In California, in 2014, every barrel of oil produced also produced 16 barrels of water. Approximately 3.2 billion barrels of water were co-produced with California oil in 2014. Half of California's produced water is generally used for steam and water injection for enhanced oil recovery. The other half (~215,000 acre-feet of water) is available for potential reuse. Concerns about the severe drought, groundwater depletion, and contamination have prompted petroleum operators and water districts to examine the recycling of produced water. Knowledge of the geochemistry of produced waters is valuable in determining the feasibility of produced water reuse. Water with low salinity can be reclaimed for use outside of the petroleum industry (e.g. irrigation, municipal uses, and industrial operations). Since a great proportion of California petroleum wells have produced water with relatively low salinity (generally 10,000-40,000 mg/L TDS), reclaiming produced water could be important as a drought mitigation strategy, especially in the parched southern San Joaquin Valley with many oil fields. The USGS Produced Waters Geochemical Database, available at, will facilitate studies on the management of produced water for reclamation in California. Expanding on the USGS 2002 database, we have more accurately located California wells. We have added new data for 300 wells in the Sacramento Valley, San Joaquin Valley and the Los Angeles Basin for a total of ~ 1100 wells in California. In addition to the existing (2002) geochemical analyses of major ions and total dissolved solids, the new data also include geochemical analyses of minor ions and stable isotopes. We have added an interactive web map application which allows the user to filter data on chosen fields (e.g. TDS management of produced waters in water-constrained California.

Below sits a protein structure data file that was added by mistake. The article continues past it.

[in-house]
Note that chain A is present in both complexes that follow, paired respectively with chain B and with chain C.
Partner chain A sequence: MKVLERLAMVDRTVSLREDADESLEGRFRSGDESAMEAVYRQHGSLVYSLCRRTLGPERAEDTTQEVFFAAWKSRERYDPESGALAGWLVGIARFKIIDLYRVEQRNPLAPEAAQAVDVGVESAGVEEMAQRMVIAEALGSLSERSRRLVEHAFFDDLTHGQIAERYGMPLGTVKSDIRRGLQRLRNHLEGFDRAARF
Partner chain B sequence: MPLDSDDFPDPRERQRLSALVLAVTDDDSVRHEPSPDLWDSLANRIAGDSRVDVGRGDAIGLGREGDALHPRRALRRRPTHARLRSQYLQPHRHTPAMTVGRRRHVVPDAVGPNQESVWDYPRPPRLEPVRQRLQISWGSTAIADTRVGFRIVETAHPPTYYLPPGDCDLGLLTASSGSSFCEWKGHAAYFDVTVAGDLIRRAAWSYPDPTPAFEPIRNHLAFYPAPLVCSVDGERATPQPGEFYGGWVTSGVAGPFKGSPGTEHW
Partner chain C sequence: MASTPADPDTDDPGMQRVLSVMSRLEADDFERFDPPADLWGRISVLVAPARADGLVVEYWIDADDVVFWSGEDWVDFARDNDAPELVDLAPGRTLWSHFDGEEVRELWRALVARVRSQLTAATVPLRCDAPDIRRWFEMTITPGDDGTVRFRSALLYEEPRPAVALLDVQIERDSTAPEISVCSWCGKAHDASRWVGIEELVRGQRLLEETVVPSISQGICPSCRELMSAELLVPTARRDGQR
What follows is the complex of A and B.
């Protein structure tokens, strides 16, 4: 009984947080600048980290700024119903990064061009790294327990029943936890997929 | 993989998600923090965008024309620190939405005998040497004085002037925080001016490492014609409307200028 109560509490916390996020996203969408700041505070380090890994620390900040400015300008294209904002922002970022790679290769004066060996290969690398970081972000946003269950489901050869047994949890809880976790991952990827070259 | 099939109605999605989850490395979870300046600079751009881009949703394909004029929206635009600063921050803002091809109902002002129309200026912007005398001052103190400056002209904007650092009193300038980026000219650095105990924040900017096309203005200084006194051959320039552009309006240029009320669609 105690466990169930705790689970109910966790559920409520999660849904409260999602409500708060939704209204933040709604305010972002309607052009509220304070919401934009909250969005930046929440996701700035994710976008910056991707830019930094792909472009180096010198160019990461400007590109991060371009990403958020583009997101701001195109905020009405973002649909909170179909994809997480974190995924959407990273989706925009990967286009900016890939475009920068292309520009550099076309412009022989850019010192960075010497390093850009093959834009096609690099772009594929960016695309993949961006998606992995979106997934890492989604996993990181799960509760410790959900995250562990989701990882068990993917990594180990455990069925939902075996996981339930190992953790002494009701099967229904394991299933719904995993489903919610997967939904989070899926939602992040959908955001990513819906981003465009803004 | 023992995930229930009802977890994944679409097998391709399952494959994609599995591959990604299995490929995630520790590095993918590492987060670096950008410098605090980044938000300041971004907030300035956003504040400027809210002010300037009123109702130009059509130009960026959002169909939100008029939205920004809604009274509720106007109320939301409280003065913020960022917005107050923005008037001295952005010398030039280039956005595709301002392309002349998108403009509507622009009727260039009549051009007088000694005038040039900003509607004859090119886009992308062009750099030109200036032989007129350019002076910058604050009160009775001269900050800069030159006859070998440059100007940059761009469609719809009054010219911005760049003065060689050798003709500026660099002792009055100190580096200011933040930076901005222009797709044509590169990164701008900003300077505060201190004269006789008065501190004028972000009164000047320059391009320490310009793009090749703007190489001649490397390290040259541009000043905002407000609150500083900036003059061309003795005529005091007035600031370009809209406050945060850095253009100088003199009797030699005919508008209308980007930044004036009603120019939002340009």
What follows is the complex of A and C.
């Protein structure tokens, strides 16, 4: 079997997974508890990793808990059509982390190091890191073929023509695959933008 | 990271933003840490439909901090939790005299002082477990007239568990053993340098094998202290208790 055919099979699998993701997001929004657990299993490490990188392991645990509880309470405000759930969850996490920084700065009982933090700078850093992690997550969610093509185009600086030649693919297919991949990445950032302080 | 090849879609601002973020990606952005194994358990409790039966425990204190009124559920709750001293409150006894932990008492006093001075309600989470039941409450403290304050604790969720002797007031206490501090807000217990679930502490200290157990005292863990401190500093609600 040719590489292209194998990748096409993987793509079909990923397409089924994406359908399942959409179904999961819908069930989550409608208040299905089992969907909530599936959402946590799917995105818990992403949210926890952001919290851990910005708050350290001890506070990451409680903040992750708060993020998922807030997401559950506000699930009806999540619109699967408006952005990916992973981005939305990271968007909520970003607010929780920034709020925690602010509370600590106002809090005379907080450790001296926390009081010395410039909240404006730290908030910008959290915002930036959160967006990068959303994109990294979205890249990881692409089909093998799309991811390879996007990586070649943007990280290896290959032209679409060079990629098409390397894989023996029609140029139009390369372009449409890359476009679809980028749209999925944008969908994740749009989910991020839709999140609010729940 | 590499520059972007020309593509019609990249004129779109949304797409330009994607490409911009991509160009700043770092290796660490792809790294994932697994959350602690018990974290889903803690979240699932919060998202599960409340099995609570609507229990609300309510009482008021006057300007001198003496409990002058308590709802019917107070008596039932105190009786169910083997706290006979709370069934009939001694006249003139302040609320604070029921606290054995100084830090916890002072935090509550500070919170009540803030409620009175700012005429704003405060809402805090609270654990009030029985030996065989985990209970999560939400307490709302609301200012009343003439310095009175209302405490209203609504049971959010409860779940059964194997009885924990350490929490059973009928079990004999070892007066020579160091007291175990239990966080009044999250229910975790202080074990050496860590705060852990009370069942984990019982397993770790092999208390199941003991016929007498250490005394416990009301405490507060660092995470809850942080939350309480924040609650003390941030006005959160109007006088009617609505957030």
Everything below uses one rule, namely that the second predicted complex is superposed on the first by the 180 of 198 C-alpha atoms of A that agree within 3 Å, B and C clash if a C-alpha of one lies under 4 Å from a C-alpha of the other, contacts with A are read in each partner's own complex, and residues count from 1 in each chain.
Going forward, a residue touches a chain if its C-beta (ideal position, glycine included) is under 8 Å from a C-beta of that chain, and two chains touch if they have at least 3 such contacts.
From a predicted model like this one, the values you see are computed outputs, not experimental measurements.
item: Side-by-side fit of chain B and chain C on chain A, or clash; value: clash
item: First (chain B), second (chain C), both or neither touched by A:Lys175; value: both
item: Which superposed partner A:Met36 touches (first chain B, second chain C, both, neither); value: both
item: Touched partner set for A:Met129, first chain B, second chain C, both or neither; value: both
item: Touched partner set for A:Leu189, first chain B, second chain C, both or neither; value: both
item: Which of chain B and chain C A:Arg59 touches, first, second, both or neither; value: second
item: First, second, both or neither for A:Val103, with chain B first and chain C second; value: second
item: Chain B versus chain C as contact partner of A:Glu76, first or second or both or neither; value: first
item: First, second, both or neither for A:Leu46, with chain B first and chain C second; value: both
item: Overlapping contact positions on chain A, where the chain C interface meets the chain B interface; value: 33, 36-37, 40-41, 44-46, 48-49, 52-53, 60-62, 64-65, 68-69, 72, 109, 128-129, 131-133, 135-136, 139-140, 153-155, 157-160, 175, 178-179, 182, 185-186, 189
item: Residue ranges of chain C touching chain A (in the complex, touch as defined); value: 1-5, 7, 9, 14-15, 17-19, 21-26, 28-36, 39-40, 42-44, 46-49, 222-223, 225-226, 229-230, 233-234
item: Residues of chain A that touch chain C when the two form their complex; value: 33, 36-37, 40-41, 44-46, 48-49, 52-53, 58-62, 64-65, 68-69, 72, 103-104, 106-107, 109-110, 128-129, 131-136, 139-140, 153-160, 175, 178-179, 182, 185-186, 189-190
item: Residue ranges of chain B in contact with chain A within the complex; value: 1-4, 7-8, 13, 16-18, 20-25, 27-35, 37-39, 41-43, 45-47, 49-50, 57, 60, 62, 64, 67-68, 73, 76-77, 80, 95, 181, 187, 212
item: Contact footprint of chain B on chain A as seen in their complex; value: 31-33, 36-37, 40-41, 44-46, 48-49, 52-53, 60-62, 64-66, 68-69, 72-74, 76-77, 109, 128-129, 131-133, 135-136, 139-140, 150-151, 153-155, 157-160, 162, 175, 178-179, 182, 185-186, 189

20. The Source, Spatial Distribution and Risk Assessment of Heavy Metals in Soil from the Pearl River Delta Based on the National Multi-Purpose Regional Geochemical Survey. (United States)

    Zhang, Lingyan; Guo, Shuhai; Wu, Bo